By Beth Piskora On Dec. 8, Standard & Poor's upgraded its recommendation for the financial services sector to overweight from marketweight. "Financials look good to us fundamentally and technically," says Sam Stovall, S&P's chief investment strategist. "And they play into our 'quality' theme; we expect higher-quality companies to attract more interest in 2006 than they have in 2005." Financials join consumer staples and health care as the sectors for which S&P advises an overweight position. Financials make up 21.3% of the S&P 500 index.
"S&P is positive on equities in 2006, with an emphasis on dependable, high-quality companies as the economy slows and earnings decelerate," explains Stovall. S&P's proprietary quantitative metric, the S&P Earnings & Dividend Rank, also called the S&P Quality Ranking, measures the consistency of earnings and dividend growth over the most recent 10-year period. The financials sector, with 68% of the companies having superior S&P Quality Rankings (A- or higher), is second only to consumer staples.
In addition, S&P's forecast for a first-quarter 2006 end to Federal Reserve monetary policy tightening will likely bolster the financials sector's performance, Stovall says. S&P analysts have a positive overall fundamental view on the sector, which sports a market-cap-weighted STARS ranking of 3.9 out of 5, above that of the broader index at 3.7. From a technical standpoint, S&P has a positive outlook based on a recent breakout above five-year resistance and improved relative strength vs. the broader S&P 500 index.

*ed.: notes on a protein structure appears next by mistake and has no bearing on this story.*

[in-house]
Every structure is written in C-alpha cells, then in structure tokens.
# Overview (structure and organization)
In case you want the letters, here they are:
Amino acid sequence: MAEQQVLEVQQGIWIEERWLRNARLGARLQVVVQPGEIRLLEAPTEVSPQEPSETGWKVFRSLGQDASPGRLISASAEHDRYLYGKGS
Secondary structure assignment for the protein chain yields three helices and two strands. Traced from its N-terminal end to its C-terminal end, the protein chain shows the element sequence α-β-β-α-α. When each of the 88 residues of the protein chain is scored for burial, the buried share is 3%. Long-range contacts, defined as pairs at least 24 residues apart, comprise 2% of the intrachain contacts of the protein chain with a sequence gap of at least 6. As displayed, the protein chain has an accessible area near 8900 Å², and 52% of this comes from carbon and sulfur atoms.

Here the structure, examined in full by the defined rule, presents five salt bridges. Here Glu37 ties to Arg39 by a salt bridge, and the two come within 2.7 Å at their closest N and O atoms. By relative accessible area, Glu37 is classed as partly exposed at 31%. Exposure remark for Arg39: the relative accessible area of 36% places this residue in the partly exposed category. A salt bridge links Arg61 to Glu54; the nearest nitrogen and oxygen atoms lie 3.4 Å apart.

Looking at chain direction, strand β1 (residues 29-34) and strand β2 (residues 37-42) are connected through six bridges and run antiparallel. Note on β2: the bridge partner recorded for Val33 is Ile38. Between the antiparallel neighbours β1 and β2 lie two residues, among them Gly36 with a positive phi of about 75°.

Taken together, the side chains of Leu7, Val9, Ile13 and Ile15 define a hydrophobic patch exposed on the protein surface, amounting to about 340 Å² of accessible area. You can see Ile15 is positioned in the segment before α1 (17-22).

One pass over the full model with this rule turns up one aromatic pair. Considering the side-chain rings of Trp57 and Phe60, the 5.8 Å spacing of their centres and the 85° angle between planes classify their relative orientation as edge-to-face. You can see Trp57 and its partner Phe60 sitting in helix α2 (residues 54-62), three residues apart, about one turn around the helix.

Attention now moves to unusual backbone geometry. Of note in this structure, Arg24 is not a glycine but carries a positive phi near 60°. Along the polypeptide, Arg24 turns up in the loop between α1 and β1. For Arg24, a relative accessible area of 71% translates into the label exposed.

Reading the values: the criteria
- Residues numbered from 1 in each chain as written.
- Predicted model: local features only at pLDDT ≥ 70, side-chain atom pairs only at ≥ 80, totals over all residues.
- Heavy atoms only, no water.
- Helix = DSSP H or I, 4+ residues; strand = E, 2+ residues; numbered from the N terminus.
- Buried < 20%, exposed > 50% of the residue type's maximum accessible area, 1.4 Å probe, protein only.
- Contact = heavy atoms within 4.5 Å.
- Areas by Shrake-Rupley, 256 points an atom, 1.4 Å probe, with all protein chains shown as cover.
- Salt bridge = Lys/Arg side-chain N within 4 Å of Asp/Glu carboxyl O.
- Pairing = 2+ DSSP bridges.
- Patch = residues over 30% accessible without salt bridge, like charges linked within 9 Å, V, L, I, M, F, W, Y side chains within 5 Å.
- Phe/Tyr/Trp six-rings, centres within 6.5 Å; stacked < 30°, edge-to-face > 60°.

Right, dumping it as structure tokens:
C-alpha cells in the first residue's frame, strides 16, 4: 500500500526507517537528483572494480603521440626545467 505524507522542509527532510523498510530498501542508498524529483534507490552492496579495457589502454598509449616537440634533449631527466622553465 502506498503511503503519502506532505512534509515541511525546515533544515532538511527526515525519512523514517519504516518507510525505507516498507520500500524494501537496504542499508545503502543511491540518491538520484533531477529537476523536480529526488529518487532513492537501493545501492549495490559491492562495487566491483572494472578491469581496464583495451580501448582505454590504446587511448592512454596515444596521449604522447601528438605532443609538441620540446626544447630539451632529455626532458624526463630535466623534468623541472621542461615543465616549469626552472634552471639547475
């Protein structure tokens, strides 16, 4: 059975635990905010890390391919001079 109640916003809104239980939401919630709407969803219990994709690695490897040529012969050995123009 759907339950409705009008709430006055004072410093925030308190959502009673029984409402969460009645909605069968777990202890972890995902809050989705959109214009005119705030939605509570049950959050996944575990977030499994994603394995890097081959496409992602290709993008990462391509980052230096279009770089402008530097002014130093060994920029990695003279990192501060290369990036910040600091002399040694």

Within the financial services sector, favored sub-industries include diversified banks, multi-line insurers, property and casualty insurers, and investment banking and brokerage. Investment banks look very attractive to Robert Hansen, an S&P equity analyst. "We believe higher investor confidence, higher trading volume, a rebounding equity market, and strengthening IPO and merger and aquisition activity will help investment banks," Hansens says. He recommends Goldman Sachs (GS
; ranked 5 STARS, or strong buy), Bear Stearns (BSC
; ranked 4 STARS, or buy), and Merrill Lynch (MER
; ranked 4 STARS, or buy).
Hansen also expects further consolidation among asset managers. His top-ranked picks in that industry group include T. Rowe Price Group (TROW
, ranked 5 STARS, or strong buy) and Franklin Resources (BEN
, ranked 5 STARS, or strong buy). Hansen notes that the potential depreciation of the U.S. dollar, which S&P expects in 2006, would particularly help Franklin, since 40% of that company's assets under management are held in foreign equity mutual funds.
Insurance is another strong industry group. Earlier this week, S&P insurance equity analyst Cathy Seifert raised her fundamental outlook for multi-line insurers to positive. Her favorite stock in the group is Hartford Financial Services Group (HIG
, ranked 5 STARS, or strong buy).
Among all the sectors, Standard & Poor's recommends that investors have overweight positions in financials, consumer staples, and health care. It has an underweight recommendation on consumer discretionary, materials, and telecommunications services. And it thinks investors should marketweight energy, industrials, information technology, and utilities stocks.
Standard & Poor's Investment Policy Committee set a yearend 2006 target for the S&P 500 index of 1,360, representing upside of 6.7% for the year. The committee adjusted its yearend target for 2005 to 1,275. By June 30, 2006, the committee expects the S&P 500 index to hit 1,315. Piskora is managing editor of S&P Global Editorial Operations